The panel focuses on different ways in which political action, protest and commemoration form and are informed by urban public spaces, and how the witnessing of past and present events creates particular kinds of engagement, understanding and indeed historicity.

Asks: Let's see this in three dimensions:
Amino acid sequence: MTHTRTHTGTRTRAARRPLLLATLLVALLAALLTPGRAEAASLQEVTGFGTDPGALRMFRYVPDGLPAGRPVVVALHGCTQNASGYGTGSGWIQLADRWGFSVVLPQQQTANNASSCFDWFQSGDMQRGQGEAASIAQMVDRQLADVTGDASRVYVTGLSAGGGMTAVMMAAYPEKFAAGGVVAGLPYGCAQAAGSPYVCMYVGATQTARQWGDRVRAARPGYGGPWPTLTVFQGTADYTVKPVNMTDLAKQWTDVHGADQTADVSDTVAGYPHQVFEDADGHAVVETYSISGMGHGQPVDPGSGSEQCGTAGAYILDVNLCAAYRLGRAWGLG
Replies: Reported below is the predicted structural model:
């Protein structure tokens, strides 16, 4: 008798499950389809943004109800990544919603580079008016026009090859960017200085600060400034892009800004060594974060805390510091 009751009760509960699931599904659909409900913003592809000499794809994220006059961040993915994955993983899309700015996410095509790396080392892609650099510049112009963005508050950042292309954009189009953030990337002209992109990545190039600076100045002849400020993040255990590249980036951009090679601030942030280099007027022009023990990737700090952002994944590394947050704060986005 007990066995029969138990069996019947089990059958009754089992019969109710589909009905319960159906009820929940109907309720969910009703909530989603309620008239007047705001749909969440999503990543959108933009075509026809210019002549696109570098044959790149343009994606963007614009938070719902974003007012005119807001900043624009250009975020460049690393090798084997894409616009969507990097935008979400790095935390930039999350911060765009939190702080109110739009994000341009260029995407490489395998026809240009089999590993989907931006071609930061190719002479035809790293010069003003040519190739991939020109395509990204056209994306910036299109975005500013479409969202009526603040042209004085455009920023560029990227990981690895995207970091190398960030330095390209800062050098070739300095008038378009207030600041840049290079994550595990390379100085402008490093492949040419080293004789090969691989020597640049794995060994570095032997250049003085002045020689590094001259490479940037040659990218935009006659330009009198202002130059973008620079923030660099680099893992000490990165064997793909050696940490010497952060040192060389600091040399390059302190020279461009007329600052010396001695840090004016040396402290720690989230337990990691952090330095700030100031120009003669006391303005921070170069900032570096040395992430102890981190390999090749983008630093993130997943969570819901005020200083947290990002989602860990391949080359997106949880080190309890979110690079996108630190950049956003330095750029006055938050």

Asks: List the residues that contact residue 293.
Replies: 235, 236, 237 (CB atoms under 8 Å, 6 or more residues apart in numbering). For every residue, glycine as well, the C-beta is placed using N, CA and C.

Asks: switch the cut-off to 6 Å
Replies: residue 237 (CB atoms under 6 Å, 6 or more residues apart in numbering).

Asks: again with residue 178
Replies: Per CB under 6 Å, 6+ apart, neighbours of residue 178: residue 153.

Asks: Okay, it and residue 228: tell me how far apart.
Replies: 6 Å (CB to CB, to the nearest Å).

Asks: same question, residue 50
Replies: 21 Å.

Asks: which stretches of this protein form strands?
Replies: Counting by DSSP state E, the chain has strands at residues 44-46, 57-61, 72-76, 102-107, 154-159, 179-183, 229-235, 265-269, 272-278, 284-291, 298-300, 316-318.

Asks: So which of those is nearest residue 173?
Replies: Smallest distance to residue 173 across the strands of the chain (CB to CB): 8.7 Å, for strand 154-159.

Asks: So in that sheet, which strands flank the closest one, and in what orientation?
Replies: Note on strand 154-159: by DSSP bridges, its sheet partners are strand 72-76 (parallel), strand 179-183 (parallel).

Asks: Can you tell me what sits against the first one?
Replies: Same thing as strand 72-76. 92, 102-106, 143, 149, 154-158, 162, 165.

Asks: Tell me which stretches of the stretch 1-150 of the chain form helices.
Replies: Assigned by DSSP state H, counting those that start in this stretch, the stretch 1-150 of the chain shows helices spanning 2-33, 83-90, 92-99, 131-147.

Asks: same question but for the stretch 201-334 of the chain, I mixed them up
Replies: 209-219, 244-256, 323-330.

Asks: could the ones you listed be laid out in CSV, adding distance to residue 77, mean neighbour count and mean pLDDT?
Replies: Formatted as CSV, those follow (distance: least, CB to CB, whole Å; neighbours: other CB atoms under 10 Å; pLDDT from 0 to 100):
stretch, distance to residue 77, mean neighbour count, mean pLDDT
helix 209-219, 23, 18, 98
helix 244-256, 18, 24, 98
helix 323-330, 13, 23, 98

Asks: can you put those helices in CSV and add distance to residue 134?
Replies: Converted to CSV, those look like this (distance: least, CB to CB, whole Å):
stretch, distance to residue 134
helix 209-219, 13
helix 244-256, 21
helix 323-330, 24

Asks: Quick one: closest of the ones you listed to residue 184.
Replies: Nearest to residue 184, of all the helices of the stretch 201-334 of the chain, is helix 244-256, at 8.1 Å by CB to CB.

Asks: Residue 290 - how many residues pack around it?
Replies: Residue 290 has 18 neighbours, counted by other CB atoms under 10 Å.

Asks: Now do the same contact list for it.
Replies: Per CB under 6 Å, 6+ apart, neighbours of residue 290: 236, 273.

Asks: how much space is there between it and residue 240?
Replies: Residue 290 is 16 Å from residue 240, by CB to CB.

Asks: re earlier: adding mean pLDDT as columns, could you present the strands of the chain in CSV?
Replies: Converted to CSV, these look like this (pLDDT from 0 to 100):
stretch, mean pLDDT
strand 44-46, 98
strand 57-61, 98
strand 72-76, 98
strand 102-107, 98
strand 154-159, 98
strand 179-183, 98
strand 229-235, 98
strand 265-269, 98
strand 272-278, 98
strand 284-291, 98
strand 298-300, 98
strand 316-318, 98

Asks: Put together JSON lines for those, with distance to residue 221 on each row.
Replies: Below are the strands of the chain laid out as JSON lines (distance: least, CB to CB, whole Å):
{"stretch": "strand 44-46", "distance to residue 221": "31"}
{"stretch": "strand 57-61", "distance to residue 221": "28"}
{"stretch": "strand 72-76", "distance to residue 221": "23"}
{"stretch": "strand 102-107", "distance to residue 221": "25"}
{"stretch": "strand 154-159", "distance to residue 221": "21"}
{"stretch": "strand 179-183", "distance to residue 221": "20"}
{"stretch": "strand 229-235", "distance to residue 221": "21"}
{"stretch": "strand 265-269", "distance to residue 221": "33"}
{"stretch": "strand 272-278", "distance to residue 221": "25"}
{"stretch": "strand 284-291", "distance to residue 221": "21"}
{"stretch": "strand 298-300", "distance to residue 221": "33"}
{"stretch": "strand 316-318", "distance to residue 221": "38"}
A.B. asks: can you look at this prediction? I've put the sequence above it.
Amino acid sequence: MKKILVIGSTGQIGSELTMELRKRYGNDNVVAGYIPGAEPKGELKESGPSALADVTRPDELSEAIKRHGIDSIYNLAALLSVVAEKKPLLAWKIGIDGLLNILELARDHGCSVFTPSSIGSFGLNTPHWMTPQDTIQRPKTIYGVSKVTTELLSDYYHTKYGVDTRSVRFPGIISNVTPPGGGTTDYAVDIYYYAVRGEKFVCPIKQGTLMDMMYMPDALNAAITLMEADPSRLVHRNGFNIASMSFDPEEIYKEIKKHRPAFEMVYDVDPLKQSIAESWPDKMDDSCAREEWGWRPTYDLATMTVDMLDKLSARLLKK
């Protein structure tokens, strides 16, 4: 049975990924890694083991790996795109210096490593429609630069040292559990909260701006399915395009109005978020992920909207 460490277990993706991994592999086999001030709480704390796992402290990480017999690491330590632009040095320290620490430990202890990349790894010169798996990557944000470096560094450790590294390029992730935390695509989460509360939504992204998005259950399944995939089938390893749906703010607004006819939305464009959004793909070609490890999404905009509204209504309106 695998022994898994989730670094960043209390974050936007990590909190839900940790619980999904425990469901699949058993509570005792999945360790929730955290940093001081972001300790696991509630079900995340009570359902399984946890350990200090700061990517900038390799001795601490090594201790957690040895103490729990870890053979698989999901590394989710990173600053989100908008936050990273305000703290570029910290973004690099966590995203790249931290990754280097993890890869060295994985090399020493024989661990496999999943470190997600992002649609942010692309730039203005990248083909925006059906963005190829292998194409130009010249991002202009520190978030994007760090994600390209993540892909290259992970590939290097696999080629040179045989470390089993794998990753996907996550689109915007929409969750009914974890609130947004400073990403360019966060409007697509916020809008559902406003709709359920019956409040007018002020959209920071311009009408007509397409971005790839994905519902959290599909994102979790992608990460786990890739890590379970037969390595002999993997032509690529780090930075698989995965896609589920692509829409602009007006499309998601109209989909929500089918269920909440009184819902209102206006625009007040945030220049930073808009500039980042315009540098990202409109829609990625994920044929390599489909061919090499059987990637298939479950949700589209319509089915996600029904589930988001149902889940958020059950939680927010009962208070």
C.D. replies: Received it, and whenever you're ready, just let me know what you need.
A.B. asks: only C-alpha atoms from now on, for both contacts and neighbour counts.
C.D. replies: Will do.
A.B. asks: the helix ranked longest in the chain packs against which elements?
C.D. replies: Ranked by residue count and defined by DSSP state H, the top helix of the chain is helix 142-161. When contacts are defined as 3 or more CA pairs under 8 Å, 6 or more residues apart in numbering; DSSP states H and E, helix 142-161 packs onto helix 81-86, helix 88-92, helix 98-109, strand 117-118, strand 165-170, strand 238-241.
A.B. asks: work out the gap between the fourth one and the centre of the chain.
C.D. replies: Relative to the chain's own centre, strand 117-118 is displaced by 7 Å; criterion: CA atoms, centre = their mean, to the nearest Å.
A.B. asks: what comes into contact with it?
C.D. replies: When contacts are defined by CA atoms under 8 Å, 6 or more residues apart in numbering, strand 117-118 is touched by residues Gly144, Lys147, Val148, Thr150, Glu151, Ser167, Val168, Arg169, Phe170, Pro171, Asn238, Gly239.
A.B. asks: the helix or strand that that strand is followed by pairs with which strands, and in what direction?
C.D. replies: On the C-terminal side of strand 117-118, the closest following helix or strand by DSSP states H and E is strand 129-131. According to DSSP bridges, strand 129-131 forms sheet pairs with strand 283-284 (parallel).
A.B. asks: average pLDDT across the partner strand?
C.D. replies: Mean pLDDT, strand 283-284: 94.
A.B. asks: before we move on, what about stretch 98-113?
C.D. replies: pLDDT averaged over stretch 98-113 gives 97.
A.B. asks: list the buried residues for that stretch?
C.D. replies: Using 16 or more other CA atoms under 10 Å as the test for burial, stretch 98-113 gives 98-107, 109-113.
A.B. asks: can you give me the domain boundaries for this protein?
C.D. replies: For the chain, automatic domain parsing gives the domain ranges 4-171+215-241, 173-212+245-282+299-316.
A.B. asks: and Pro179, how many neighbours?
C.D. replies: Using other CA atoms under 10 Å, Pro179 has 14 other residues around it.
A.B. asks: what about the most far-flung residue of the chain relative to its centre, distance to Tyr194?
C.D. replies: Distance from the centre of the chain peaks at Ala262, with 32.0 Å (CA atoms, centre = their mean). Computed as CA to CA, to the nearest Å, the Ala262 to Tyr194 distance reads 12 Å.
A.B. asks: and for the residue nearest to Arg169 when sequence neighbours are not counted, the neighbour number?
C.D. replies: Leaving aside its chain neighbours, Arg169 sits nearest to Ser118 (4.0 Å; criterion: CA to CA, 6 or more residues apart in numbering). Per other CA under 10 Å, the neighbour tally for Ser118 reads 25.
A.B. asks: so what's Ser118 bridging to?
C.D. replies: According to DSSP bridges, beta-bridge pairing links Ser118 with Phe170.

This panel is an exploration of ways in which action, sentiment and discourse shape and are shaped by urban public spaces. The discussion will address the relationships between emotions and action, focusing in particular on activities such as political protest and the creation or production of monuments and their elaboration thorough acts of commemoration. What is the effect of public action on urban space and how does urban space condition/inform public action? Do cities or urban spaces provide particular kinds of 'spaces of communication'? How is public space regulated during different governmental regimes (fascism, Stalinism, neoliberalism etc)? Recent anthropological and historical research has emphasised the significance of the 'witness' to history. What different kinds of witness emerge in the wake of brutal or repressive acts, at times of revolution, or during periods of reconciliation? In other words, how does the witnessing of history (in the sense of both time and space) form, and reform, the present with reference to the past? In the current era of what often seems to be almost compulsive or mandatory witnessing to incredibly well documented events, how are some acts and spaces in the public sphere given salience while others are silenced or ignored. We invite papers from anthropologists and others working on political protest, commemoration and/or the public sphere. We are particularly interested in the ethnography of urban places, but we recognise the impossibility of considering the urban to be an isolated place and therefore will welcome studies from a wider perspective.